Posted by Carver at 1:30 PM 4 comments:
Labels: secret garden
Saturday, May 05, 2007
Gifts of spring and wild views
I was sure when we had our cold snap in April that one of the losses would be this years' blossoms on my corner white azalea which blooms later than the others. Oddly enough the dropping brown buds that got zapped by the freeze made room for a much more ethereal gift of spring. Hard to believe that so many of the buds died because to me this ended up being about right. Every year it is a surprise to me how fast my back yard goes from fairly barren to a veritable jungle. It's getting better and better too as the self seeding flowers I want and the yarrow and other plants I love are managing to choke out the weed I don't want. The hardest decisions I have to make at this point involve the volunteer trees, ornamental bushes and virginia creeper. The back garden is becoming much shadier in the summer as I've let volunteer cherry, mulberry, apple, crepe myrtle, red bud and dogwoods grow. I am getting better about making decisions and managed to make a lot of progress today cutting down the volunteer trees that are too numerous. Much easier to weed with loping irons when the weeds are small trees than to have tons of conventional weeds to pull up. That's what is happening. The flowers and trees are leaving very little room for weeds although I need to do a better job of staying on top of some of the vines. Or maybe I don't. In most regards the wilder my garden gets the more it suits me especially if I can continue to keep moving it with a little effort in the direction I want it to go. One thing I love about the overgrown parts is what a good habitat for the birds I have. Boy are they letting me know too when I'm too close to nests. I can't see them but when I was out today trying to do some very minor pruning the birds went nuts, screaming at the top of their lungs. I moved away to another area that needed work and they quieted down. Nice that they let me know when I'm encroaching on their homes because the last thing I want to do is expose defenceless babies or unhatched eggs. Then again if you feed the animals you feed the animals. You can't blame a cat or a hawk or a dog for being what they are. One of the reasons I stopped feeding the birds with feeders is because I felt like I was pointing out to the neighborhood cats where to lie awaiting. There's no way I'm going to keep the cats out of my garden, even if I try, but as long as the birds are scattered throughout the habitat garden, I think they stand a better chance. There is so much for them to eat, except in the worse weather, that they still find plenty to eat in my garden without the feeders. Also, when we have ice or snow and I do help them out a bit it's usually the kind of days where the cats stay at their warm homes and don't come to my garden to stalk. I remember when I used to think of my garden goals in terms of a sanctuary. A place where I could hide away when I needed to. I'm increasingly thinking in terms of garden rooms too. That's part of why I'm allowing volunteer trees to stay in some spots that may not seem logical but they are helping to start separating the areas I think of as rooms. I don't want it to get so shady everywhere that my sun plants won't survive but it doesn't hurt to have more shade in the summer. I've discovered that a lot of plants that are billed as sun plants do well in the south with a bit more shade than you would expect as long as they get some sun. Especially if the shade doesn't become too dense until the later part of spring and summer. In addition to my secret garden, sanctuary, and garden rooms themes, I also like a crazy quilt in certain areas. I can't wait until the colors which would clash in most contexts are bursting out all over the place for my crazy quilt made of summer flowers. As long as we don't get too dry this will be a great year for early summer flowers. There are tons of buds already promising me the reds, purples, pinks, black, yellow, white, orange, and lavender riot that is soon to come. Perhaps one of my favorite aspects in my garden at the moment is that it makes me laugh. I have a rose bough that has grown beyond it's boundaries and made an arch down into my lettuce box. With the help of a broom I managed to shift it a little so I don't get hit in the fact by thorns when I try to pick lettuce. That makes me laugh out loud.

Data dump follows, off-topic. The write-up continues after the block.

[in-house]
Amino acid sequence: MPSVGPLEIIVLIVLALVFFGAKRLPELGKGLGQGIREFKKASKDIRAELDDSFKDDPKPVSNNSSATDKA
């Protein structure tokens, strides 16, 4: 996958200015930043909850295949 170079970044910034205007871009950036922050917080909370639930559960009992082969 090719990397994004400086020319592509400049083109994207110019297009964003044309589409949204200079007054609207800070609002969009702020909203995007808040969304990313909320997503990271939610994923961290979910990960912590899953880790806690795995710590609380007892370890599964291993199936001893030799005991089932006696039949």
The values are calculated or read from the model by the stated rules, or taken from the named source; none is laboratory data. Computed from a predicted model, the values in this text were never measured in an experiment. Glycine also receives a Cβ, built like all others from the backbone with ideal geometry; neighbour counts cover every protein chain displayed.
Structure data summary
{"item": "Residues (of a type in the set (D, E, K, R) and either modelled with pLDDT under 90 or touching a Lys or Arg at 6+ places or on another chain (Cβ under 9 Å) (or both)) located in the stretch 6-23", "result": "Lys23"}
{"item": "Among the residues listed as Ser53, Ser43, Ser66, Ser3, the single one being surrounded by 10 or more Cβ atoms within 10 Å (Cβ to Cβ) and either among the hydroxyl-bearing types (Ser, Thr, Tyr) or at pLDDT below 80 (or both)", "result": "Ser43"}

Posted by Carver at 8:46 AM 1 comment:
Labels: secret garden
Wednesday, May 02, 2007
Let them eat weeds . . .
I'll let you in on a secret. I love rabbits. Most gardeners I know have trouble with rabbits disrupting their gardens but I get the biggest kick out of the rabbits that hang out at my place. They almost never wreck havoc or even eat food that I want to eat. I've discovered that rabbits like weeds so they are a messy gardeners best friend. I kid you not, the rabbits in my garden never get to the plants I want to preserve because they have this whole feast of weeds to pig out on and they love it. It's a win win situation. I get to say, see that scraggly looking plant, that's rabbit food. I just thought of that this minute but from now on instead of saying, I really need to do some weeding, I'll say ah nice to see I have a good crop of rabbit food. I think this little rabbit must be young because it's about half the size of some of the big ones I've spotted in my garden. Also, this one posed for the camera and had zero fear of me unlike the large ones that hop off when I get nearby. It always makes me nervous when animals in the wild are too comfortable being photographed. I fear they will be open season for predators. It's not that unusual to see hawks circle overhead in my garden although I never have a camera at the ready for that shot. At one point there was an owl nesting somewhere in the vicinity because I heard it occasionally. I'm pretty sure that owls and hawks could make a meal of this little rabbit. In the meantime though it has lots of weeds to fill it's belly and so far it's short life appears to be okay. May has arrived with a blast of heat but a cold front is moving through tonight and we'll have a few days of spring again. We may also get some rain which is much needed. So far we've been getting the bare minimum of rain. It's been enough to keep most of the plants alive but we keep getting warnings that our area is at high risk for fire. The only big fire so far that I've heard about was at a scrap metal plant. Not sure what was behind that. Oh well, hopefully the rains will come and soak deeply into the soil.
Posted by Carver at 8:12 AM 3 comments:
Labels: animals, secret garden